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Extraocular muscles

Topic: Anatomy

Created on Tuesday, July 11 2006 by

Last modified on Wednesday, December 31 1969.

A 28 year-old female guanaco frightener visits you in your clinic, complaining of diplopia.
You note that most of the time that she is facing you and talking, she sits with her chin turned toward her left shoulder and her right eye adducted.
Based on this information alone, you suspect that there may be a paresis of which extraocular muscle?

 
        A) Right medial rectus
 
        B) Right lateral rectus
 
        C) Right superior oblique
 
        D) Left lateral rectus
 
        E) Left inferior oblique
 

 


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This question was created on July 11, 2006 by .
This question was last modified on December 31, 1969.

 

 

 

 

 

 

 

 

 

 

 

 

 

 

 

 

 

 

 

 

 

ANSWERS AND EXPLANATIONS




A) right medial rectus

This answer is incorrect.


This presentation is typical of a paresis of the left lateral rectus. A patient with a paresis of the right medial rectus muscle will have impaired adduction of the right eye, and is likely to try to minimize her diplopia by looking at the world with her chin turned toward her left shoulder and her left eye abducted.  (See References)

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B) right lateral rectus

This answer is incorrect.


This presentation is typical of a paresis of the left lateral rectus. A patient with a paresis of the right lateral rectus muscle will have impaired adbuction of the right eye, and is likely to try to minimize her diplopia by looking at the world with her chin turned toward her right shoulder and her left eye adducted.  (See References)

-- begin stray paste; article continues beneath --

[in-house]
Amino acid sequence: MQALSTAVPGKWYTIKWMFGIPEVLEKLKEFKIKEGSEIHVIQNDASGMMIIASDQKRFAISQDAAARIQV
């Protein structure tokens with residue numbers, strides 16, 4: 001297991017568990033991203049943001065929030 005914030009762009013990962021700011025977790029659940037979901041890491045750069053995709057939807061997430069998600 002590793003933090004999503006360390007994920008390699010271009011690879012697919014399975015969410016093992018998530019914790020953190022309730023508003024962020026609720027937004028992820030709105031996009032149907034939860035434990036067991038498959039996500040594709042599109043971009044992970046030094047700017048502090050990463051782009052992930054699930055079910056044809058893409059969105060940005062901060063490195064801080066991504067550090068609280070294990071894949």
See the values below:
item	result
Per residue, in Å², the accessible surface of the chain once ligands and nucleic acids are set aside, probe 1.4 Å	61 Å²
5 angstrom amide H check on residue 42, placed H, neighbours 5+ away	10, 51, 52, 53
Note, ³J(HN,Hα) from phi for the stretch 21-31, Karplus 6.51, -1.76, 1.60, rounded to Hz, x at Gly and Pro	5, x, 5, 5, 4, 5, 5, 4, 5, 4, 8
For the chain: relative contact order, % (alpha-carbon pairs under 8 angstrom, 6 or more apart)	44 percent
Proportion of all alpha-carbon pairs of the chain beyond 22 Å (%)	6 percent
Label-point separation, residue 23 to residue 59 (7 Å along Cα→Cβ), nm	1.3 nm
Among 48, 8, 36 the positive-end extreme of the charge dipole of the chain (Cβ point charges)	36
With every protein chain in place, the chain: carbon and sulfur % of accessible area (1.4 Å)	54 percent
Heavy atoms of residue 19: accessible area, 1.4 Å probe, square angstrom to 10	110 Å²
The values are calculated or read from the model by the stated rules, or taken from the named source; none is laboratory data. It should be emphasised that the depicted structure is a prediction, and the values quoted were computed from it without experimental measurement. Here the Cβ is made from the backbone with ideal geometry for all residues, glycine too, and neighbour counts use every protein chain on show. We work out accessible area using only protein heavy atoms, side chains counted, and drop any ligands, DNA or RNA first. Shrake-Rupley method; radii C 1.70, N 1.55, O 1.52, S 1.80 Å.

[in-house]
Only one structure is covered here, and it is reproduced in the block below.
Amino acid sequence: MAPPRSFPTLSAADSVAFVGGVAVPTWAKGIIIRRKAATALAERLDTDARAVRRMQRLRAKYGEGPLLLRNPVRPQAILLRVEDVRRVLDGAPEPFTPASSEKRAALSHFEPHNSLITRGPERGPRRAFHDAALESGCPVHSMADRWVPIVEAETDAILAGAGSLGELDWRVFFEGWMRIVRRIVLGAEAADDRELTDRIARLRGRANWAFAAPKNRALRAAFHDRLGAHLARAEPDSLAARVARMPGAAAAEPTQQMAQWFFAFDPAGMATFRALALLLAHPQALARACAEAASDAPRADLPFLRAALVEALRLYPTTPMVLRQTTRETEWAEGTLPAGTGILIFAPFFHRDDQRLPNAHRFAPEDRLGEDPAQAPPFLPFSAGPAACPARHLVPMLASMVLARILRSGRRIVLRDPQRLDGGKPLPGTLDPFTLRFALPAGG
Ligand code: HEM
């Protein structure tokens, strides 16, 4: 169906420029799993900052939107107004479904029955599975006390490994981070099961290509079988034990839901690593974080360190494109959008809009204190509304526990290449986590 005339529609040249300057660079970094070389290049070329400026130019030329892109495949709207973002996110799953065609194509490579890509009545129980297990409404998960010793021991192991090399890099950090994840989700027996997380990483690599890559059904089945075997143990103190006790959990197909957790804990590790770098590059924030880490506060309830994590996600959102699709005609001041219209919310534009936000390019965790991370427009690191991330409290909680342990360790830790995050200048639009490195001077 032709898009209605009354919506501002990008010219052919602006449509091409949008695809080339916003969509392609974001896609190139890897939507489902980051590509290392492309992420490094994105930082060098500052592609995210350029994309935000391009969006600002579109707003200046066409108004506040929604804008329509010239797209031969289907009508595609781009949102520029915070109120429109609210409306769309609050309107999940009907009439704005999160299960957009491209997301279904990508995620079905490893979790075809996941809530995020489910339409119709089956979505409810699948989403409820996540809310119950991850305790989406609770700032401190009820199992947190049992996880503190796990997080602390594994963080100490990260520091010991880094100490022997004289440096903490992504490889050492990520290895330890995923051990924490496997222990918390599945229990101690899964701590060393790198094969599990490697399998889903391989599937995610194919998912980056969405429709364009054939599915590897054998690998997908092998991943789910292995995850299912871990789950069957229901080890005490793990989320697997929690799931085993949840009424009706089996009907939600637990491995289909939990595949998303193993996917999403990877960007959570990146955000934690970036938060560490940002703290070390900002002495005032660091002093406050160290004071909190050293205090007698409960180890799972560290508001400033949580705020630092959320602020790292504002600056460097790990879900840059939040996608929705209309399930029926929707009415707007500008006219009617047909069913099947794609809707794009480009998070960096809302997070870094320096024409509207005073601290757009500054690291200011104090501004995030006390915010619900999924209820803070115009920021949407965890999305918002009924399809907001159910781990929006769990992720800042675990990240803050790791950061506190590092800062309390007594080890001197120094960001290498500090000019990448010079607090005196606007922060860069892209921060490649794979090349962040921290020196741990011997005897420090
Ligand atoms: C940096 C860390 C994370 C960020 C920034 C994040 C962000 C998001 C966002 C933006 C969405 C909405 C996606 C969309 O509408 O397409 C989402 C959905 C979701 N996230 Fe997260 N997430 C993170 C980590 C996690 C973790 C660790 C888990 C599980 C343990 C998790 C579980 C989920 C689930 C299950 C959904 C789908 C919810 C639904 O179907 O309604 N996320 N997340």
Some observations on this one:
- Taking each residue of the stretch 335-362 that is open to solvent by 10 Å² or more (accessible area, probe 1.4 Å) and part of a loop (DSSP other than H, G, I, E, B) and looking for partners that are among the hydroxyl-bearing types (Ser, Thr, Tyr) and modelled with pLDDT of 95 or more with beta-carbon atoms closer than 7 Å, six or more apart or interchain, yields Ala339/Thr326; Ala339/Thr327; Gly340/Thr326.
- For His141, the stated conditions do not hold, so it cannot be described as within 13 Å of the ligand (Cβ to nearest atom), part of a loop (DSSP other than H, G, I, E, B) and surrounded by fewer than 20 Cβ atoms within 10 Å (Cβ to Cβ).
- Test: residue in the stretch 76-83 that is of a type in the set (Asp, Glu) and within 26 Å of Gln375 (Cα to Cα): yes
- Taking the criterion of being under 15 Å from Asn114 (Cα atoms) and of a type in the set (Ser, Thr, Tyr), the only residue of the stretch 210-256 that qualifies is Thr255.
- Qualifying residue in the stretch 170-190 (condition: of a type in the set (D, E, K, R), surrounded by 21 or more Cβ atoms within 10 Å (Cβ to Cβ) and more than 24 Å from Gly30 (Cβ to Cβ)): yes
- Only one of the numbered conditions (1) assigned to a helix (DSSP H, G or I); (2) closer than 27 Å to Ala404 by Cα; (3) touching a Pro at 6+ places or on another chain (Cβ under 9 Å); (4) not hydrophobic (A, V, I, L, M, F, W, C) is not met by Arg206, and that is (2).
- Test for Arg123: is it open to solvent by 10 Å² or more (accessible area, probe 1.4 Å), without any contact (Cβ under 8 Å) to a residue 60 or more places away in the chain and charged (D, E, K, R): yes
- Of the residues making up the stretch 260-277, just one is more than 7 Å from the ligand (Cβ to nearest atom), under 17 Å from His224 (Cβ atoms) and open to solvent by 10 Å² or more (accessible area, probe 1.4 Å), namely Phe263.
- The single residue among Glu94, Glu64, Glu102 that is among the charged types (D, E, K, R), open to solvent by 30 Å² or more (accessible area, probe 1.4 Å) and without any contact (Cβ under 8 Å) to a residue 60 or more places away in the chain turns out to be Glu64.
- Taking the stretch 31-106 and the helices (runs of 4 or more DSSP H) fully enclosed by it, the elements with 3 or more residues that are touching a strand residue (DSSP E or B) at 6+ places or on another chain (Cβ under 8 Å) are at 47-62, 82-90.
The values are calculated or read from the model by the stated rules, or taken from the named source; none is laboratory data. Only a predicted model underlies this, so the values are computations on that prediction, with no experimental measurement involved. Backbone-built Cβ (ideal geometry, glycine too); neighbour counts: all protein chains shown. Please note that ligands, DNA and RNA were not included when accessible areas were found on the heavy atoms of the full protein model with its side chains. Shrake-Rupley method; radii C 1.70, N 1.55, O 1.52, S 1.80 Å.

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C) right superior oblique

This answer is incorrect.


This presentation is typical of a paresis of the left lateral rectus. A patient with a paresis of the right superior oblique muscle will have impaired depression and inward rotation of the right eye, and is likely to try to minimize her diplopia by looking at the world with her chin held down and her head tilted and turned with her left ear held close to her left shoulder.  (See References)

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D) left lateral rectus

This answer is correct.


This presentation is typical of a paresis of the left lateral rectus. A patient with a paresis of the left lateral rectus muscle will have impaired adbuction of the left eye, and is likely to try to minimize her diplopia by looking at the world with her chin turned toward her left shoulder and her right eye adducted.  (See References)

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E) left inferior oblique

This answer is incorrect.


This presentation is typical of a paresis of the left lateral rectus. Paresis of the left inferior oblique muscle does not present in this way.  (See References)

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References:

1. Ross, R.T. (1999). How to Examine the Nervous System, 3rd Edition. Appleton & Lange, Stamford, Connecticut. Pp. 45-60
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anatomy
Extraocular muscles
Question ID: 0000003
Question written by . (C) FrontalCortex.com 2006-2009, all rights reserved. Created: 07/11/2006
Modified: 12/31/1969
Estimated Permutations: 0

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